UT professor: Asteroid tracking system works; don't lose sleep over meteor

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by ANDREW CHUNG / KVUE News

Bio | Email | Follow: @AndrewC_KVUE

kvue.com

Posted on February 15, 2013 at 6:35 PM

AUSTIN -- While a meteor exploded over the skies of Chelyabinsk, Russia early Friday, a much bigger asteroid – 2012 DA14 -- flew harmlessly by Earth Friday afternoon.

The giant rock was about 150 feet long or about half the height of the Texas State Capitol. Asteroids that size fly by Earth approximately every 40 years.

According to NASA, it flew within 17,200 miles of Earth, which is lower than the orbit of communications satellites.

University of Texas astronomy professor Dr. Judit Gyorgyey Ries says Friday's flyby, as well as the meteor over Russia, show the importance of tracking near-earth objects.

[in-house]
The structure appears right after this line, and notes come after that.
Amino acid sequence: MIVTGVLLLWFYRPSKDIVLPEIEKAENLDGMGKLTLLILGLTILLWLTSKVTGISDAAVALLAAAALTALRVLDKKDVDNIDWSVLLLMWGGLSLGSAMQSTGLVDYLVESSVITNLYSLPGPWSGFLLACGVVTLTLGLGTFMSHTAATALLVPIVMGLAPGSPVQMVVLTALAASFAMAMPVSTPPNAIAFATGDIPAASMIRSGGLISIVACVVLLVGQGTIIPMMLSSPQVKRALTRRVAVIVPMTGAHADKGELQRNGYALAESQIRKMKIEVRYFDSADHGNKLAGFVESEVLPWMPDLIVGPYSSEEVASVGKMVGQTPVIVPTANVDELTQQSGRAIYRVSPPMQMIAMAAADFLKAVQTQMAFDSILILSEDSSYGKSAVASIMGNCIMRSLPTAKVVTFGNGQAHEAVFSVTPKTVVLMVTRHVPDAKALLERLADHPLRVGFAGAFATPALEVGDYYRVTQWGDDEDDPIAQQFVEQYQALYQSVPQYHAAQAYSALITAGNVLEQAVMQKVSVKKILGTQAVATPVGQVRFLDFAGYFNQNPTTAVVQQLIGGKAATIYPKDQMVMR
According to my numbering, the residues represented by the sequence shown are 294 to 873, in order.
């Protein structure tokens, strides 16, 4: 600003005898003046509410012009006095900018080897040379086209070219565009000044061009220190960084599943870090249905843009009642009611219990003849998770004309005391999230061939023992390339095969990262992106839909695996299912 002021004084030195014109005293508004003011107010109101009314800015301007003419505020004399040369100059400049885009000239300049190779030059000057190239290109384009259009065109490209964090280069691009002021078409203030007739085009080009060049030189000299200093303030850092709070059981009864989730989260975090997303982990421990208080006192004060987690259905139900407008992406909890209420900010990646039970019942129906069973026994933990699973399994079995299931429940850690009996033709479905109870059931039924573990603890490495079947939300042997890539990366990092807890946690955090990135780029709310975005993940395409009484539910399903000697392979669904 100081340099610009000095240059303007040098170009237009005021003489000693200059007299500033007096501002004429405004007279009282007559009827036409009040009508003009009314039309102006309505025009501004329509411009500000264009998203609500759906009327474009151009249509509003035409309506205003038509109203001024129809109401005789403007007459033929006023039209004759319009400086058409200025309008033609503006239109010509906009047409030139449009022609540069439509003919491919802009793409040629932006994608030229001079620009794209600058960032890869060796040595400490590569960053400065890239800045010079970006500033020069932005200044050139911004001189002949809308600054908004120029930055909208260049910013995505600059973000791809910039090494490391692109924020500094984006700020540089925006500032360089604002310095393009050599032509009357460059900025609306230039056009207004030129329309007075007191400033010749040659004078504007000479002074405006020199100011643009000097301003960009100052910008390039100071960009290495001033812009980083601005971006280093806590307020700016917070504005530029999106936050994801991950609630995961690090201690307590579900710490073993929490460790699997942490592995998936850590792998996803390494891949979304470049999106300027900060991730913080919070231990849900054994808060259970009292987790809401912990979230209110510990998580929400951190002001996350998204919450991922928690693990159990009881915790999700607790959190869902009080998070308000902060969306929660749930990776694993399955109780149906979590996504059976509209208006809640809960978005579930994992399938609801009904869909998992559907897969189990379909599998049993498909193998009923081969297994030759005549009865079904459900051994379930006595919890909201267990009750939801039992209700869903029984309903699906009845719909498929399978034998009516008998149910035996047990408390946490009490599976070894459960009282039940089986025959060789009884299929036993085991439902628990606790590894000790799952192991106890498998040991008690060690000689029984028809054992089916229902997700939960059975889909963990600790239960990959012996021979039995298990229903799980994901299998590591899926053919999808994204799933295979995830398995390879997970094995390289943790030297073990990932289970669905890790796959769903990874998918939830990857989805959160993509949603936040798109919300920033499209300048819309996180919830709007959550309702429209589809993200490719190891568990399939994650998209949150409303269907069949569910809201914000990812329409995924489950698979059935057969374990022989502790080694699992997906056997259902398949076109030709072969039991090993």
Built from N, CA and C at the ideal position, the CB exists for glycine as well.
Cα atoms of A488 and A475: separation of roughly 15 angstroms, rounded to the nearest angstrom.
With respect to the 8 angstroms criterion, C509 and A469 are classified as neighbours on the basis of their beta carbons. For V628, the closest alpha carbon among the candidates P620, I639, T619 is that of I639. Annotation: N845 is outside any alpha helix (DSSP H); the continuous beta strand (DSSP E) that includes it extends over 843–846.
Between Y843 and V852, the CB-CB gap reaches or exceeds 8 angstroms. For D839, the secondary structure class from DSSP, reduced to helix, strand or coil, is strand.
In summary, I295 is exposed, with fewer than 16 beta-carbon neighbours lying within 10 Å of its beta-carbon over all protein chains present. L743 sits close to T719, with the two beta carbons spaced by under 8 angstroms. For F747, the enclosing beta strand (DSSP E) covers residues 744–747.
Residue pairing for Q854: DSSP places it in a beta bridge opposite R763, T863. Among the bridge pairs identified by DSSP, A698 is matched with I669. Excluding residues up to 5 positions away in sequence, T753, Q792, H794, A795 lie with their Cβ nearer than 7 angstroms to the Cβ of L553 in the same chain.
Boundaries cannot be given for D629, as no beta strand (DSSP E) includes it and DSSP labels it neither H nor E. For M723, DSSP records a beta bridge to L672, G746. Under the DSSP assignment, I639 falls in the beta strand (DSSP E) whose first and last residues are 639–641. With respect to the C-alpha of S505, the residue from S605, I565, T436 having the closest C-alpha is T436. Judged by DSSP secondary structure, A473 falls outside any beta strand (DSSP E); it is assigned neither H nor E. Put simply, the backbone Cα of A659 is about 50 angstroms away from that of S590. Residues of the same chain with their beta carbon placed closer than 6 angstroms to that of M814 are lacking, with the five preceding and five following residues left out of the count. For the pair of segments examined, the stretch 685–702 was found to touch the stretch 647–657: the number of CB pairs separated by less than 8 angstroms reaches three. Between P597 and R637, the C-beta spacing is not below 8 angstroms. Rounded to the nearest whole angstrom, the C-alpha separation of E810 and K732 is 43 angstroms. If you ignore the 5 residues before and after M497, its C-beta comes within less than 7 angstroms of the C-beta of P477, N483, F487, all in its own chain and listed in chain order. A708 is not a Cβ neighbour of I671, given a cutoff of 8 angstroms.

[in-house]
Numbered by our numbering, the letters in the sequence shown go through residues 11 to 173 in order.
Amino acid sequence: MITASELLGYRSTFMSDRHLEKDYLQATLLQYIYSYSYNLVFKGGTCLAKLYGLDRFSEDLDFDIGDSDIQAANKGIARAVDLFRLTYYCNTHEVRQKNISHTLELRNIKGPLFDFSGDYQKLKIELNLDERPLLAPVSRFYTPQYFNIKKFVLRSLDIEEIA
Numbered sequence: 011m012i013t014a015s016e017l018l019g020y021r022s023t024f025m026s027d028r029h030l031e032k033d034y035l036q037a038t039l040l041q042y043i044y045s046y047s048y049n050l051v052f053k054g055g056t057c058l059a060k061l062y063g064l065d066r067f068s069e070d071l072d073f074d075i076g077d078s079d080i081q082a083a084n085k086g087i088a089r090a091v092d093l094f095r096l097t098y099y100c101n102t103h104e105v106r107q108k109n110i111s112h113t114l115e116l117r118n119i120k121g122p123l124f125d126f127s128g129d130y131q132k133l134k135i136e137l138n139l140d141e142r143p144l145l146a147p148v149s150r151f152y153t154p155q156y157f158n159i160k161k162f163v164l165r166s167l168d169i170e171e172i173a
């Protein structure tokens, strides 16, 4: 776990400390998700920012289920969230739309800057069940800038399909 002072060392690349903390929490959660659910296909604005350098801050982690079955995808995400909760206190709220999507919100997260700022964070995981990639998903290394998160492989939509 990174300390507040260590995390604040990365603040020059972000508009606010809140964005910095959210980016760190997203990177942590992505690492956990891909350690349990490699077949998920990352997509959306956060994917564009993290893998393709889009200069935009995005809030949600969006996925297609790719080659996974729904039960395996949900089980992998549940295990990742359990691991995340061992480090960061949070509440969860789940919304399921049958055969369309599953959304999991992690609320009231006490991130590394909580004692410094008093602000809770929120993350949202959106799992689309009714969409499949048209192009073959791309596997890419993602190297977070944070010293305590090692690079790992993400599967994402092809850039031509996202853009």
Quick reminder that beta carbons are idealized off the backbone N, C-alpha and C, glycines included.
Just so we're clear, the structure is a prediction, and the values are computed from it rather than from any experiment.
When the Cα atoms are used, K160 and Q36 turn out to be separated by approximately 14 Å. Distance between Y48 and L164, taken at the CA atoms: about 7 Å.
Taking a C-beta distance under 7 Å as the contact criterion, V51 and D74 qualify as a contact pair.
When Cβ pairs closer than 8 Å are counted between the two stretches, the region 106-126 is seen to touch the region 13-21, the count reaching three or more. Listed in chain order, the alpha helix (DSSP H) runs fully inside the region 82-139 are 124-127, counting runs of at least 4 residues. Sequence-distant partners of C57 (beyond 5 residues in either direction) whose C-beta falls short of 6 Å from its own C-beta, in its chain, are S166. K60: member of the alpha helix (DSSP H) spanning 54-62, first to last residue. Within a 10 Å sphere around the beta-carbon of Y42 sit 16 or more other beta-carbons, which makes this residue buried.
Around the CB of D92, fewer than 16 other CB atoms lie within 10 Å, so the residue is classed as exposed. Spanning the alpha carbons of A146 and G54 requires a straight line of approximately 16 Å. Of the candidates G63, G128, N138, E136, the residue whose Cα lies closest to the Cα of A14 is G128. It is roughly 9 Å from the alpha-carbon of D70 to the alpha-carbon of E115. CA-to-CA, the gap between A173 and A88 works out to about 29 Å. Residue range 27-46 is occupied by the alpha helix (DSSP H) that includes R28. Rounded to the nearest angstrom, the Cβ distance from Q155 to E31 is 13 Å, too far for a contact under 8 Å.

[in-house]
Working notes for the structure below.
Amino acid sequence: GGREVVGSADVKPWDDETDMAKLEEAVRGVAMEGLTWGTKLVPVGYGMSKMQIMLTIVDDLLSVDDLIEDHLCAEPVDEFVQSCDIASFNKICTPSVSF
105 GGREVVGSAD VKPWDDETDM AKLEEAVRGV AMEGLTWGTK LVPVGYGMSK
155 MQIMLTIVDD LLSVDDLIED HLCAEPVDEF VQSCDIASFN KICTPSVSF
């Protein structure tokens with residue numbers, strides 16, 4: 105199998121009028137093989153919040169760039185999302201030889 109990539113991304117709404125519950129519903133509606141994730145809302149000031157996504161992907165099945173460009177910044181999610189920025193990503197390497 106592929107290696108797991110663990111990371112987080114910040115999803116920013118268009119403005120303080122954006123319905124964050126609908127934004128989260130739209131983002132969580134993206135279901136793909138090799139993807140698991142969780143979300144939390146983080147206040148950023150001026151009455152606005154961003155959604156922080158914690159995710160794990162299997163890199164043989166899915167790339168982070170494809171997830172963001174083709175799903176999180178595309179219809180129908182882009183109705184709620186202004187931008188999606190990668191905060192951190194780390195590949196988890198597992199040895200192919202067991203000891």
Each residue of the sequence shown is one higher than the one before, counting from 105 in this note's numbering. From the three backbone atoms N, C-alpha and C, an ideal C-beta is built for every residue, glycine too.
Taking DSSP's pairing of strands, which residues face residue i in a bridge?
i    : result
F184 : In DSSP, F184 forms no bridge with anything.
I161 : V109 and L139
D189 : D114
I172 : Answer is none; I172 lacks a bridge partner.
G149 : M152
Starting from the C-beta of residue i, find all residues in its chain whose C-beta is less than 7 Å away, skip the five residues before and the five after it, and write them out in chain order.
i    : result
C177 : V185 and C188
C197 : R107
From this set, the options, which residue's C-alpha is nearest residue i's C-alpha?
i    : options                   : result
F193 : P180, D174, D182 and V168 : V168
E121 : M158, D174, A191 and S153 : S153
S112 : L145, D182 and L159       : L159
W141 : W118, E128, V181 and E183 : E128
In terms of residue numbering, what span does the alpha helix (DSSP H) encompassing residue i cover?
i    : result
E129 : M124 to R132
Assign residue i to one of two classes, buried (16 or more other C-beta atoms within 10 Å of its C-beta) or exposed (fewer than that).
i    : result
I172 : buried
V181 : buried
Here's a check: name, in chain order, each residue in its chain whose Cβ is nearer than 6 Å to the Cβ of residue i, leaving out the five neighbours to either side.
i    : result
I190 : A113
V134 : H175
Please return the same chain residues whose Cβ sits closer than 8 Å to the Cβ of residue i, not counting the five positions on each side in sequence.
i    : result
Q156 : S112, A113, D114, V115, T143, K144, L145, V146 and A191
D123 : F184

“What I am excited about is that we knew it ahead of time. We knew it a year ahead of time that it’s going to happen, which shows that the search programs are really doing their job, and not just the search programs, but astronomers, who are keeping track of these little buddies,” she said. "In spite of this being a close encounter and that thing reaching Russia, don't lose sleep over it."

The asteroid’s flyby was not visible from Austin.

 

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